Why doesn't Gideon call upon the tribe of Ephraim before this? Perhaps he is afraid that because of their size and prominence they will try to take over. We don't know. We do know, however, that when the Spirit of the Lord came upon Gideon (6:35-35), he called on his own tribe of Manasseh and the tribes of Asher, Zebulun, and Naphtali, not Ephraim. God was in it.
But notice how gracious Gideon is. Instead of pointing defensively to his considerable achievements in the battle, he refuses to be drawn into an argument that will delay him from pursuing the remnants of the fleeing Midianite army. Instead, he humbly compliments them on their achievement -- capturing the leaders, Oreb and Zeeb -- and minimizes his own.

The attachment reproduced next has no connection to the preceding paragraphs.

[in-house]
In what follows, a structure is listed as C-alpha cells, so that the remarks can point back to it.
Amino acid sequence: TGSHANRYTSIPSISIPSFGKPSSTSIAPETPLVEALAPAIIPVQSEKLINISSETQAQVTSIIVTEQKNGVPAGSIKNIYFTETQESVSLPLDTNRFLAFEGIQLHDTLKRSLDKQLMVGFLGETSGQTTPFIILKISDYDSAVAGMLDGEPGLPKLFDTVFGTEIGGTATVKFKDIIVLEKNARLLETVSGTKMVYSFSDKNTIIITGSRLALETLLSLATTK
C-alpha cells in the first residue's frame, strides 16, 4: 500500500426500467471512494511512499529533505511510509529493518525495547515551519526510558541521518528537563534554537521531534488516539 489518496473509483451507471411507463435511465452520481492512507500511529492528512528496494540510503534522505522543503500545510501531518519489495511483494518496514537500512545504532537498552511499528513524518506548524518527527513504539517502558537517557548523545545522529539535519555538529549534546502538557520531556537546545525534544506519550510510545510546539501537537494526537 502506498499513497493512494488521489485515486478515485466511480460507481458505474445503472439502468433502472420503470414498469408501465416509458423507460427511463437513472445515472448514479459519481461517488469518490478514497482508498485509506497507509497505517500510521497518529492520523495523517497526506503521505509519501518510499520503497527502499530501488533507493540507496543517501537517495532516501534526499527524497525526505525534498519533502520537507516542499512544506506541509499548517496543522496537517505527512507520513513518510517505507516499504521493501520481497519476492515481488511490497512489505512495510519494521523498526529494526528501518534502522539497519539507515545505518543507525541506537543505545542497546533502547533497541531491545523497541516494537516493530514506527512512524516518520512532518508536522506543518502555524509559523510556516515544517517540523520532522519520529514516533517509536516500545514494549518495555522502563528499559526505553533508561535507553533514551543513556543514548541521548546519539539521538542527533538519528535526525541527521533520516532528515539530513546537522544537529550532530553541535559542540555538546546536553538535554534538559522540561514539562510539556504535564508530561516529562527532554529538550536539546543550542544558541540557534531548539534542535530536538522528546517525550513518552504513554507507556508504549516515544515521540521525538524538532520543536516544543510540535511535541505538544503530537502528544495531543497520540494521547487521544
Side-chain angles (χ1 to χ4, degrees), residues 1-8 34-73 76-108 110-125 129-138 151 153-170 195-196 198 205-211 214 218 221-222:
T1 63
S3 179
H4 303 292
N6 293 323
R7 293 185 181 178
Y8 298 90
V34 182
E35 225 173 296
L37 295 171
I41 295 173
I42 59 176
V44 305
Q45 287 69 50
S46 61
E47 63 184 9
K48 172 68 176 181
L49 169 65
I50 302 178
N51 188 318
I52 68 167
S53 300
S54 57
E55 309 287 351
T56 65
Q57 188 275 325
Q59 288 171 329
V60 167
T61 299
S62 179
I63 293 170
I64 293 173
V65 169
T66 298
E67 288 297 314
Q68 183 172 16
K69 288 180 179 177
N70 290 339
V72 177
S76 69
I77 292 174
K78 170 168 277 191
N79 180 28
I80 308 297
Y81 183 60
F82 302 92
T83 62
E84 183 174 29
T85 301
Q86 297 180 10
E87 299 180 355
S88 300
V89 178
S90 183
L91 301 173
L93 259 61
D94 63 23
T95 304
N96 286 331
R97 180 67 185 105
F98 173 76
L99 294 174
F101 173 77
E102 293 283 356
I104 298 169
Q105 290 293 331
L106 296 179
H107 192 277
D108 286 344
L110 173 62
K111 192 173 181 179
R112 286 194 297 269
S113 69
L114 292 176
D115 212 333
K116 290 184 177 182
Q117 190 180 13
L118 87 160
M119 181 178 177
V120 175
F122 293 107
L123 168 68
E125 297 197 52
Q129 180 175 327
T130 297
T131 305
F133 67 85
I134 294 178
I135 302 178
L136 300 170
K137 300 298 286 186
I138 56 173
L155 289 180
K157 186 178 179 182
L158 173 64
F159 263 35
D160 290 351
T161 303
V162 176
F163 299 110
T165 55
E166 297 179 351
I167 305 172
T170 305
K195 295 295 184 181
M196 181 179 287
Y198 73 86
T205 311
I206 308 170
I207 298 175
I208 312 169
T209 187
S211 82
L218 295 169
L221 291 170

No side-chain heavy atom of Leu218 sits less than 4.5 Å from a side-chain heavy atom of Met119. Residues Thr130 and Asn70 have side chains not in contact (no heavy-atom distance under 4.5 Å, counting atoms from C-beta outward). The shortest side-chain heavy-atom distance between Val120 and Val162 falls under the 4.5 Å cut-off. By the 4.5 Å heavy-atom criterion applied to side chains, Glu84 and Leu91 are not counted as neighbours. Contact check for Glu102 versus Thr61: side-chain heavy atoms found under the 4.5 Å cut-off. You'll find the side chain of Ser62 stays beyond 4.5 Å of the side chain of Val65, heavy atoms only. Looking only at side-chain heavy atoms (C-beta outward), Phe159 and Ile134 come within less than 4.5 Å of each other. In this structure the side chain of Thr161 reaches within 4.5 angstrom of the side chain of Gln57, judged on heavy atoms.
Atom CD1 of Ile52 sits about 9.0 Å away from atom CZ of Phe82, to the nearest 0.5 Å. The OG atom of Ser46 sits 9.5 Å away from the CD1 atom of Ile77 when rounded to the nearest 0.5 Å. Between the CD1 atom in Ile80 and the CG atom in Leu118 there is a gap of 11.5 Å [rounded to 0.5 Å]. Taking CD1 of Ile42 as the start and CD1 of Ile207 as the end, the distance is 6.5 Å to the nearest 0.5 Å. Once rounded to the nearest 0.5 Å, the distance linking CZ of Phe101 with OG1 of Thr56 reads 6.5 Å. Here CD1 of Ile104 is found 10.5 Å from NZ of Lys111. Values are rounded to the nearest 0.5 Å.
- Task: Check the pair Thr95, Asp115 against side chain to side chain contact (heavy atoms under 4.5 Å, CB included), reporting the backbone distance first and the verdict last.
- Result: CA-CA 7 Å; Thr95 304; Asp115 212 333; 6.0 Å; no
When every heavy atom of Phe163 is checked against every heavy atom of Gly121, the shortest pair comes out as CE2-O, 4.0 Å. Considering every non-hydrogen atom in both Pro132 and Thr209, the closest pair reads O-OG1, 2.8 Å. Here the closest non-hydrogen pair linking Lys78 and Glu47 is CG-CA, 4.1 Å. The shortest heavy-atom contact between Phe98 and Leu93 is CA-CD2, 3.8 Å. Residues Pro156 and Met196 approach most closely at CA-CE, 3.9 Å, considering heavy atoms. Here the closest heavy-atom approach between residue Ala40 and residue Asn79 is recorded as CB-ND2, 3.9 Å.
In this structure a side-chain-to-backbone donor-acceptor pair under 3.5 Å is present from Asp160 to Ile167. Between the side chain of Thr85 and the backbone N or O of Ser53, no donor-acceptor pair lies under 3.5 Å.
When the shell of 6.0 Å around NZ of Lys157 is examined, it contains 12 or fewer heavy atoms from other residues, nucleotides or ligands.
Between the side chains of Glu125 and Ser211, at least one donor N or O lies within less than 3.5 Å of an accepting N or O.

He says, "Aren't the gleanings of Ephraim's grapes better than the full grape harvest of Abiezer?" By this he means that his own clan, Abiezer, in the midst of the battle (full grape harvest) didn't accomplish as much as Ephraim's small mop-up operation (gleanings). Gleanings, as he puts it, are the remaining grapes in the vineyard after the harvest has already taken place. Gideon shows great wisdom and restraint here.
|Q2. (Judges 7:24-8:3) What does Gideon ask the
Ephraimites to do? Why are they so angry? What do you learn from Gideon's
approach to the Ephraimites' arrogance?
Allies Refuse Aid (8:4-9)
Gideon asks bread of the men of Succoth, unknown illustrator. Larger image.
"Gideon and his three hundred men, exhausted yet keeping up the pursuit, came to the Jordan and crossed it. He said to the men of Succoth, 'Give my troops some bread; they are worn out, and I am still pursuing Zebah and Zalmunna, the kings of Midian.''